In G.M. Leasing Corp. v. United States, 429 U.S. 338, 97 S.Ct. 619, 50 L.Ed.2d 530 (1977), the Supreme Court held that the IRS needed a warrant to enter private property to make seizures in satisfaction of income tax assessments. The Court began its analysis by finding "probable cause" for the entry from a valid assessment and a showing that the property searched belonged to a business that was the taxpayer's alter ego. 429 U.S. at 351, 97 S.Ct. at 627. In this way, it implicitly held that a showing of probable cause of some sort is necessary to obtain an IRS entry warrant. We have explicitly stated that to get such a warrant, the IRS must have probable cause to connect the assets seized to the delinquent taxpayer. Flores v. United States, 551 F.2d 1169, 1174-75 (9th Cir.1977).


The parties dispute whether this showing should be similar to that necessary for a search for evidence of crime or that required for an "administrative search." See Camara v. Municipal Court, 387 U.S. 523, 538, 87 S.Ct. 1727, 1735, 18 L.Ed.2d 930 (1967). The government does not dispute that the IRS must show an assessment, a demand, a refusal to pay and a likelihood of finding property of the taxpayer at the address where the search is to take place. It does dispute how much specificity is required as to the area to be searched, and as to the description of the property that is present and subject to seizure.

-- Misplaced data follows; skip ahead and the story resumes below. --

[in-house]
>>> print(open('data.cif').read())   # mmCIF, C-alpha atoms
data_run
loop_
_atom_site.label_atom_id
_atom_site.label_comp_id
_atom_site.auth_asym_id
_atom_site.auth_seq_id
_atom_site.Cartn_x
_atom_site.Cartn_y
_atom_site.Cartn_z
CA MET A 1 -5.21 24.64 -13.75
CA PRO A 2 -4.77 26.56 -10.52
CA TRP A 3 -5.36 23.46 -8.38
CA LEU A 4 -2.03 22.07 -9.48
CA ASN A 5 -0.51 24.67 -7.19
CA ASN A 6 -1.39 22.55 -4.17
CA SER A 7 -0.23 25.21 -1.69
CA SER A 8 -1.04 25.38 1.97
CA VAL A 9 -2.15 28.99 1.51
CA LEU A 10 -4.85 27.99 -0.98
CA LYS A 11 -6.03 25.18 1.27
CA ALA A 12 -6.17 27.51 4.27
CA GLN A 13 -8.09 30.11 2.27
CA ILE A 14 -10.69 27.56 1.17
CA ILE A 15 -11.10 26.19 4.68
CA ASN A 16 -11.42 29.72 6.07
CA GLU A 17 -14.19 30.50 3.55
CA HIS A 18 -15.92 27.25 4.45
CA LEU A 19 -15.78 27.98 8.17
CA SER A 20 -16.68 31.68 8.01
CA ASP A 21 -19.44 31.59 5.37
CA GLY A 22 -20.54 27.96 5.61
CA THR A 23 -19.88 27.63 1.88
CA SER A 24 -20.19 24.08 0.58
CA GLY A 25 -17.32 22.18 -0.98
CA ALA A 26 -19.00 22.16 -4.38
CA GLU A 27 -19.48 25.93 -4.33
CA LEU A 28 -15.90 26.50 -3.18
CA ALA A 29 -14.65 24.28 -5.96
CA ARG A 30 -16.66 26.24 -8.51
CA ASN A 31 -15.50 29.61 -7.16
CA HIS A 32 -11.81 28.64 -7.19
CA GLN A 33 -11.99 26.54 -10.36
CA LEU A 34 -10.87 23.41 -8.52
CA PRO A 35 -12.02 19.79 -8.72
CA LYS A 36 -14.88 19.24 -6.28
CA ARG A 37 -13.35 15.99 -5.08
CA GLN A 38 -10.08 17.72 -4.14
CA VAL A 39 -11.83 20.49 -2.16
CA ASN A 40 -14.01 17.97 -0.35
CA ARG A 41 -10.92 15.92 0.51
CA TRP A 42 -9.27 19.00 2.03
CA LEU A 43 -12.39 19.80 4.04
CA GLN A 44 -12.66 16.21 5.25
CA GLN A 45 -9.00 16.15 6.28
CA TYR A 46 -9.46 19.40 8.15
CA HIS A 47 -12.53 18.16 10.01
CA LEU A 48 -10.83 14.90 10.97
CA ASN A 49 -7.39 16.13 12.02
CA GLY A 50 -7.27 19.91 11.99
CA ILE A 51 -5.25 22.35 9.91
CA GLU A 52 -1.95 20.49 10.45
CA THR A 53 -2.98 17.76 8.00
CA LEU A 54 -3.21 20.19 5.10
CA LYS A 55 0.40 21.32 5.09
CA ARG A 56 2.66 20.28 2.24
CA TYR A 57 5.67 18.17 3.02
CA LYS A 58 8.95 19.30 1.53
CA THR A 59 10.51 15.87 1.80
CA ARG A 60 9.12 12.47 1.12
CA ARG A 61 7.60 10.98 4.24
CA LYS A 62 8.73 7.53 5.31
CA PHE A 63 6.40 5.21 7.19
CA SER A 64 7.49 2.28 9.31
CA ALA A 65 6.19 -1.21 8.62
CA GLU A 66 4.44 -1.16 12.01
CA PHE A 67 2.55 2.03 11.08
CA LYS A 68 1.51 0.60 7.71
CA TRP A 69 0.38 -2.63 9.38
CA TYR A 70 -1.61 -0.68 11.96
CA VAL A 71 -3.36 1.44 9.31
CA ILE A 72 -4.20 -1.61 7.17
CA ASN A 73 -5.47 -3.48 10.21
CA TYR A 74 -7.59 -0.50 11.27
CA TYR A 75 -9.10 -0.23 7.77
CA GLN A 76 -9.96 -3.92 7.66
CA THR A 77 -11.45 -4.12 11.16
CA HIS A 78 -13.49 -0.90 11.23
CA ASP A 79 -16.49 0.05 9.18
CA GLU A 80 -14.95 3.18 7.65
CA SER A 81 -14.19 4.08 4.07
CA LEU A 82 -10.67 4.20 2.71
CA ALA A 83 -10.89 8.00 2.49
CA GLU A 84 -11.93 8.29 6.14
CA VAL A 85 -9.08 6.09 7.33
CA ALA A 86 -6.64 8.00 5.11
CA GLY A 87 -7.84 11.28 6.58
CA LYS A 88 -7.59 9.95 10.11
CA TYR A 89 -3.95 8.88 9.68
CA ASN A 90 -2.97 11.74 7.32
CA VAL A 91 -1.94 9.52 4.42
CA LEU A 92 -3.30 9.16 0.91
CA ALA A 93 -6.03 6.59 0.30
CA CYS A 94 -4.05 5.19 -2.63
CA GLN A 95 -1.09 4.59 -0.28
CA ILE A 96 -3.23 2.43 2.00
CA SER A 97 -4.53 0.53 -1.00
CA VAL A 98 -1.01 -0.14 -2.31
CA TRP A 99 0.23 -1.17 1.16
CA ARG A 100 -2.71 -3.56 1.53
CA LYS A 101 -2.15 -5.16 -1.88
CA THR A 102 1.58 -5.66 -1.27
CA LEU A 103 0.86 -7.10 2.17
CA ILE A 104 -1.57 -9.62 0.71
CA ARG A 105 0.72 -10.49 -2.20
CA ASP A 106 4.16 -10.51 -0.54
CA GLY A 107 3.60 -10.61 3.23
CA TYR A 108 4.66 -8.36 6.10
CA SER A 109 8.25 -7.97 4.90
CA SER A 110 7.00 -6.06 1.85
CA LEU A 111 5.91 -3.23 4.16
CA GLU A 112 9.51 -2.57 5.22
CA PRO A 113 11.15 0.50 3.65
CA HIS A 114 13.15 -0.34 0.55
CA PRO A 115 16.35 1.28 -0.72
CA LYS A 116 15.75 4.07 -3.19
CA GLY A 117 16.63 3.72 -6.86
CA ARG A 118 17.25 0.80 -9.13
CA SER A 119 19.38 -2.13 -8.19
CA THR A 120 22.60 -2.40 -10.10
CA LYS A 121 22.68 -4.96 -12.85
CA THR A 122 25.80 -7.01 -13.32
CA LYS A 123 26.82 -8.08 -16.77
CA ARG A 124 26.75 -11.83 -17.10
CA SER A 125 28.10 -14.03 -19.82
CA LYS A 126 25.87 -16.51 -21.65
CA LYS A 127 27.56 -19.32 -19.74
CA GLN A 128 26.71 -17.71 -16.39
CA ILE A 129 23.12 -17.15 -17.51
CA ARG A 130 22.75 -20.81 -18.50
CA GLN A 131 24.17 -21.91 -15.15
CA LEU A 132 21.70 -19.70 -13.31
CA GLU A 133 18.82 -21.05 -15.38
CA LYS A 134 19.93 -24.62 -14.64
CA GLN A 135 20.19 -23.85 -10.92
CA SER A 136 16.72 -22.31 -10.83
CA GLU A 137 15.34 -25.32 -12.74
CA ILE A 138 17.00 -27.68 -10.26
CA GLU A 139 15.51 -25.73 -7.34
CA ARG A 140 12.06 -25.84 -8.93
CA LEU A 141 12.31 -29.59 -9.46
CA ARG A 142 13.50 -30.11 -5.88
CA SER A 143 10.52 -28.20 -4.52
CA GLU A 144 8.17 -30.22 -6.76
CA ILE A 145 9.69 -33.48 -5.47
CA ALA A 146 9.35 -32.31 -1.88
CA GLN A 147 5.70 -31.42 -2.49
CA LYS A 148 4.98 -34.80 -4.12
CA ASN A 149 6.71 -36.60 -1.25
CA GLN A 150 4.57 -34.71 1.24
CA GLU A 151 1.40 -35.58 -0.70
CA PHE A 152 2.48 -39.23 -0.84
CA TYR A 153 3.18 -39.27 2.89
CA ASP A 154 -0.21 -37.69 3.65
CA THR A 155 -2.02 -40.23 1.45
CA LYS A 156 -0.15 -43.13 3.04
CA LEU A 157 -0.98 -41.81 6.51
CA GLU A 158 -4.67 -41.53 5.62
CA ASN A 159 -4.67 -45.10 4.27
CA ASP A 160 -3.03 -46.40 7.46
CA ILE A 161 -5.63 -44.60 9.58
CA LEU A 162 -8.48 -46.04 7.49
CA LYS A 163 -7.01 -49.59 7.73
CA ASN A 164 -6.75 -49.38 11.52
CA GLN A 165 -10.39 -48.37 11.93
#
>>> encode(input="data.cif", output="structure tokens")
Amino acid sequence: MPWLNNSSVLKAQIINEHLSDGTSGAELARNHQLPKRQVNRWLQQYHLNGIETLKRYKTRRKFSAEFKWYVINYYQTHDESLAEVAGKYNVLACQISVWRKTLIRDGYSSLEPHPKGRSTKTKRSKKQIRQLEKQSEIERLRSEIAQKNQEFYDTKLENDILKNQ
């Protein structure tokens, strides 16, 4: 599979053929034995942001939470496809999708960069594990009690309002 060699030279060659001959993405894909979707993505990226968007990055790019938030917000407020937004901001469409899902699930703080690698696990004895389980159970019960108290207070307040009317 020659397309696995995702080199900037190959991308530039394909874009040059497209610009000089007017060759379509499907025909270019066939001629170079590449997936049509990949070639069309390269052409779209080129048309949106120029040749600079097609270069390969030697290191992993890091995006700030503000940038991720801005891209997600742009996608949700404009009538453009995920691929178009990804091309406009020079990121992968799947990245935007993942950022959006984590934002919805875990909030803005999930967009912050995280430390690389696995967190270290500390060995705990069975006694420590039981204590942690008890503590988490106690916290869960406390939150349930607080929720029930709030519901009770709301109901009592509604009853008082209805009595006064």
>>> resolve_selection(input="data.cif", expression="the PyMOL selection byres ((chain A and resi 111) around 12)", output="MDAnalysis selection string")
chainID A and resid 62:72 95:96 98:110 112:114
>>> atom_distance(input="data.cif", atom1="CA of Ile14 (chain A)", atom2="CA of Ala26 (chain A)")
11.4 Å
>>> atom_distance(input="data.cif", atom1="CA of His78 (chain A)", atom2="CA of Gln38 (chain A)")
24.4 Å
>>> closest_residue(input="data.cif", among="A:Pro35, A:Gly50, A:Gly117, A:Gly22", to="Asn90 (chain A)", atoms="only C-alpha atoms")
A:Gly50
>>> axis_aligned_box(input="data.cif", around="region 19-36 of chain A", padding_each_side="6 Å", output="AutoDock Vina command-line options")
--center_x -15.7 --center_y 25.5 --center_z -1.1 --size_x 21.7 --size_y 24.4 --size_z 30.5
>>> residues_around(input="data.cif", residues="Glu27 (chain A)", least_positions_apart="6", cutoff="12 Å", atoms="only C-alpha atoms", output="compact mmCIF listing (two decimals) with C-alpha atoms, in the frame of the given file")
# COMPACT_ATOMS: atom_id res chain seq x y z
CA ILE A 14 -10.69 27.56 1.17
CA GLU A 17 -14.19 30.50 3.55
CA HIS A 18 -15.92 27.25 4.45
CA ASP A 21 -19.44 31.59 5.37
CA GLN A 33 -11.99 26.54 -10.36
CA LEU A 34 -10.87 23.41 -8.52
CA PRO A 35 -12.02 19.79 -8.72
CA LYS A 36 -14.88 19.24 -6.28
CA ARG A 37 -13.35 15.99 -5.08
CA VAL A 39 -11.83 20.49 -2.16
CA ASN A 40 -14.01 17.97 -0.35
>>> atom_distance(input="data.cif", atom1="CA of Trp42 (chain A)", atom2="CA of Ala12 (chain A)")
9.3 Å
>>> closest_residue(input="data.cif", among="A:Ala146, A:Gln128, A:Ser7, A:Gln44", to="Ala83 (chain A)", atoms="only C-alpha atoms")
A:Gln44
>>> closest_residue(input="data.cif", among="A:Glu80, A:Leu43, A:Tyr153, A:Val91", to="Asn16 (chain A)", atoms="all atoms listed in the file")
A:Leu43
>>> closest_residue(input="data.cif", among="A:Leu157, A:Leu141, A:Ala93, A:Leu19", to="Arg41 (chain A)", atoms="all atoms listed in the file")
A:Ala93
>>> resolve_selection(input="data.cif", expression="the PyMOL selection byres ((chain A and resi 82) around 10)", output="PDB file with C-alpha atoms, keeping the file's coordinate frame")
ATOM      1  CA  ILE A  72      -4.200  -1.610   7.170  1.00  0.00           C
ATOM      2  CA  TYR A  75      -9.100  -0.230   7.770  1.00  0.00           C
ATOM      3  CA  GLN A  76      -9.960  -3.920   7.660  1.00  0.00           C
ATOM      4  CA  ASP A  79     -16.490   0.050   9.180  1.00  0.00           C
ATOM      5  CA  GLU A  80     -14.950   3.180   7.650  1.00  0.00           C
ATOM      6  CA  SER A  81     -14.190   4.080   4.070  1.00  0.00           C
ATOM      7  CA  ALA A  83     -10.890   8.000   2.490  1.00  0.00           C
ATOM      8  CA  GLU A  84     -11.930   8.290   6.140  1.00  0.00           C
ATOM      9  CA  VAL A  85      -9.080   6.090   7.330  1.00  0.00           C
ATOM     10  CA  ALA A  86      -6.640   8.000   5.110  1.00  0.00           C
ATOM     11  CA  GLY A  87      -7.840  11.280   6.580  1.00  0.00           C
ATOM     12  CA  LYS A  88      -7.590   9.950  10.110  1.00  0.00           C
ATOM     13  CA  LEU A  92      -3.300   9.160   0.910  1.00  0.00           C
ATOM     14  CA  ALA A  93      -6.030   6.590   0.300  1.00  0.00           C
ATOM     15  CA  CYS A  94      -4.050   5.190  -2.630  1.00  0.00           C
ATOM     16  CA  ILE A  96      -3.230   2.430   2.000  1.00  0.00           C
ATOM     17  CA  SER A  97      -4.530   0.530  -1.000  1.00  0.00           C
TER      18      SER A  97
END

Judge Takasugi in In re Gerwig, 461 F.Supp. 449 (C.D.Cal.1978), thoughtfully discusses the policies and tensions inherent in satisfying both the needs of efficient tax collection and the privacy interests of citizens. He notes that the Supreme Court in G.M. Leasing spoke of search warrants, not administrative warrants, and that our court in Flores compared the probable cause required in a criminal case to that required in a tax case. See Flores, 551 F.2d at 1174-75. He rejects the administrative warrant approach adopted by the Tenth Circuit, see Matter of Carlson, 580 F.2d 1365 (10th Cir.1978), contrasting the lower level of privacy expectation of a regulated or licensed business whose activities are subject to inspection with the normal expectations of privacy of a taxpayer against whom the government makes claim for taxes. We agree with Gerwig that the search warrant approach is appropriate. The IRS application must have sufficient specificity to enable the judge to make an independent determination of whether probable cause exists and to prevent the agents from having uncontrolled discretion to rummage everywhere in search of seizable items once lawfully within the premises. Gerwig, 461 F.Supp. at 452-53.


In a practical vein, Gerwig acknowledges that it would be too burdensome to require in all cases a specific list of what the IRS plans to seize but


[o]bviously there is a difference between seizing the taxpayer's liquor licenses, desks, or chairs and seizing his filing cabinet or private desk which may contain private papers (or perhaps searching the papers to see if other seizable items exist). To do the latter would require an additional showing.